1Q 2015 GDP and investment in intangibles

Some bad news this morning from BEA’s advanced estimate of U.S. 1st quarter GDP. According to this first estimate, GDP grew by only 0.2% in 1Q 2015. The growth in business investment in intellectual property products (IPP) remained at a high level at a 7.8% increase with a positive trendline (see chart). Software investment picked up a little with a 5.8%. R&D slipped somewhat to a still strong level of 12.3%. Investment in entertainment, literary, and artistic originals actually declined by 1.2%. Of course, this is only the advanced estimate, subject to considerable revision.
GDP-IPP 1Q15 - 1st.png

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Why trade agreements are so difficult

Last week, the House Ways and Means Committee and Senate Finance Committee took up a new Trade Promotion Authority bill (aka TPA or “fast track”) in the face of hardening battle lines on the subject. The vote to approve the bill was generally party line with Democrats somewhat split and tea-party wing of the GOP raising some concerns (for example that TPP will undercut U.S. immigration law.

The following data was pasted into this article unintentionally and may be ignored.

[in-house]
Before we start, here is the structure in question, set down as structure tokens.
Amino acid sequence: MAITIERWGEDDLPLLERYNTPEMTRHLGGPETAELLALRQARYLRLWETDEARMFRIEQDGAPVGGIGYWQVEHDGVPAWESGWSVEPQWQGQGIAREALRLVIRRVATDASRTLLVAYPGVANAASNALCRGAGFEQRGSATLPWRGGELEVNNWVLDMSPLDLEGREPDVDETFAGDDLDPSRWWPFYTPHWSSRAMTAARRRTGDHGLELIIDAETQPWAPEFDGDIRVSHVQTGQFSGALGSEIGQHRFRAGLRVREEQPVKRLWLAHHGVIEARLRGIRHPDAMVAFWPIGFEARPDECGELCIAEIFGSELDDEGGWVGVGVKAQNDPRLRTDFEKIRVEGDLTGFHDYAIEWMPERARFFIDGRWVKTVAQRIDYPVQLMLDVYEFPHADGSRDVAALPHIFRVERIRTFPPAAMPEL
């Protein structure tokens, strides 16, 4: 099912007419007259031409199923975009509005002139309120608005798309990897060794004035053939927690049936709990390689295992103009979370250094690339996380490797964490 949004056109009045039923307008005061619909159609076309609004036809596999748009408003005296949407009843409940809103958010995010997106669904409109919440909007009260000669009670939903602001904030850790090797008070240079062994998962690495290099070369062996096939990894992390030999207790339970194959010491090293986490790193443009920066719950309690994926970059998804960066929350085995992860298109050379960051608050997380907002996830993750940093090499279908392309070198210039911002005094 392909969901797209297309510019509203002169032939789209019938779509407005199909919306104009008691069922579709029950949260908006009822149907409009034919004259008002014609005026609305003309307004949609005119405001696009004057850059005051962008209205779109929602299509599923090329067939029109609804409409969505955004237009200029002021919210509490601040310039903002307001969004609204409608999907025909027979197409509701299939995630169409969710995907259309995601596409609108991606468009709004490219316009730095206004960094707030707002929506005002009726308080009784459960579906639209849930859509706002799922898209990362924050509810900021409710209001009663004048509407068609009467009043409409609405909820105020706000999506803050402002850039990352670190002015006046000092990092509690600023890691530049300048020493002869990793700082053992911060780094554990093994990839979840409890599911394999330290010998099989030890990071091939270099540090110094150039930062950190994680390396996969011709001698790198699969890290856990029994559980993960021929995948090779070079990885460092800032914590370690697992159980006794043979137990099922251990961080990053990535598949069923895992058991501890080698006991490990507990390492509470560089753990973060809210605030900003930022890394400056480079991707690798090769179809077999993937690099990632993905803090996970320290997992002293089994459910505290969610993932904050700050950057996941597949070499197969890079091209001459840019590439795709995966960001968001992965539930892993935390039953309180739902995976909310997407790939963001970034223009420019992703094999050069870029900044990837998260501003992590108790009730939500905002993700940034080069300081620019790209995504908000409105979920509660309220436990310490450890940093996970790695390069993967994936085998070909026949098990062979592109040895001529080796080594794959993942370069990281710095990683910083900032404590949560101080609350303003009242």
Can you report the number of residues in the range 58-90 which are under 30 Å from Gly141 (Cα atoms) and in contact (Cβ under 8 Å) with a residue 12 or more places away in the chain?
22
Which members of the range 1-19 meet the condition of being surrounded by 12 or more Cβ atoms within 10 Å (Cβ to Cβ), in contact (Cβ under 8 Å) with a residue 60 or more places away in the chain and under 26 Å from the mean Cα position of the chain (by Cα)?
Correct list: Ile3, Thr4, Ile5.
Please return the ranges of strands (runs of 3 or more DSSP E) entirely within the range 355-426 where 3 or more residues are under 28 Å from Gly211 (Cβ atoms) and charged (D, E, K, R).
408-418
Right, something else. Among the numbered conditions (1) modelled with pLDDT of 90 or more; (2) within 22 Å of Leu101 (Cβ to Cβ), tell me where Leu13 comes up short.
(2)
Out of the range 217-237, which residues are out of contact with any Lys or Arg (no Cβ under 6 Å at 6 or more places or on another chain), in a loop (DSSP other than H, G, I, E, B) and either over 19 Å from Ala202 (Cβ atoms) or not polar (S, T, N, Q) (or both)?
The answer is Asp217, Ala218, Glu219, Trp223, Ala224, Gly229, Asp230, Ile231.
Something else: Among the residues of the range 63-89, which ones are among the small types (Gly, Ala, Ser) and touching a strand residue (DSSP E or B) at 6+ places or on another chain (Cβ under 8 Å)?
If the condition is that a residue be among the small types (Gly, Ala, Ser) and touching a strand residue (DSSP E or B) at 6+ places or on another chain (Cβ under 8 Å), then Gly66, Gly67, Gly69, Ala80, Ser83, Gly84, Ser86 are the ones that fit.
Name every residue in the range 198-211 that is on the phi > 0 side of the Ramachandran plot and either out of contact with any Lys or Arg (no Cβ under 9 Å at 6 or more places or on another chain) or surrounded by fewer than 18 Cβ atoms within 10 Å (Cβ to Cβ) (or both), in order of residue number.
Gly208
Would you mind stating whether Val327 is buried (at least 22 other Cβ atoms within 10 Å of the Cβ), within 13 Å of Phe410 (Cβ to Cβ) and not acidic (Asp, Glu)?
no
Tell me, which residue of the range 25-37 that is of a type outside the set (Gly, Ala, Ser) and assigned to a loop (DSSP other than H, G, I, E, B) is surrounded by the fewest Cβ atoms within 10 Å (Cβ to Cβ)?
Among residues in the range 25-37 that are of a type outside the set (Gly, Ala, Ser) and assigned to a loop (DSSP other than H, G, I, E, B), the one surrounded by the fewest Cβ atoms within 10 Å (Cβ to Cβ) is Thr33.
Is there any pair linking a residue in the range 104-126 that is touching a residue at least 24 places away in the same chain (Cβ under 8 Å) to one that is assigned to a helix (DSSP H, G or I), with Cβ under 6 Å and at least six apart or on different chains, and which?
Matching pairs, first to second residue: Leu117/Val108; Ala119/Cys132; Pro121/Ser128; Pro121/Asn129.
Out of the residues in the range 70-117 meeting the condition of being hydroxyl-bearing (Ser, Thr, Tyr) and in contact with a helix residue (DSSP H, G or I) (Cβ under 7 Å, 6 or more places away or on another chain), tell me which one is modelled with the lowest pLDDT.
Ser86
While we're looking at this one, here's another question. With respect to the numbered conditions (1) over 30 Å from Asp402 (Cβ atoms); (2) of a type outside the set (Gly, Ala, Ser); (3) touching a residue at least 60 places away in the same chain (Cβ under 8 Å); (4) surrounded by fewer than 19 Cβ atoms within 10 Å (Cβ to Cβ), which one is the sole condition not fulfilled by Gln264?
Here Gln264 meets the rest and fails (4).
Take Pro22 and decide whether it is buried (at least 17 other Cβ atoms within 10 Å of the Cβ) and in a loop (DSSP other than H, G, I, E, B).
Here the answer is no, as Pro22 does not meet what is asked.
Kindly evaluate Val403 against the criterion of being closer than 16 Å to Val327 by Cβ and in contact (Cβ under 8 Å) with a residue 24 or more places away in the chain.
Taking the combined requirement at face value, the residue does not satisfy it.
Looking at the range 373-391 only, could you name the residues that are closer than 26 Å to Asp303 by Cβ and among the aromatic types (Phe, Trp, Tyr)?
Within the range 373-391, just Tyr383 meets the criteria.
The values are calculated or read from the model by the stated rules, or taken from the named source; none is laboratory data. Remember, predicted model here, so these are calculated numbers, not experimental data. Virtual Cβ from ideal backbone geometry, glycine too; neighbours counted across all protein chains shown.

Technically the voting was on negotiating authority and trade enforcement measures (see the Bipartisan Congressional Trade Priorities and Accountability Act of 2015 S. 995 and H.R.1890 and H.R.1907 Trade Facilitation and Trade Enforcement Act of 2015). But underlying the debate is the current negotiations over the Trans-Pacific Partnership (TPP) – a potential deal among 12 Asian-Pacific nations. The TPP includes the U.S. and Japan but does not include China. The push for rules for Congressional consideration of trade agreements (TPA/fast track) is seen as a preliminary step toward approval of TPP. It is argued that without these rules, which limit Congressional modifications to the deal, it will be impossible to finalize TPP.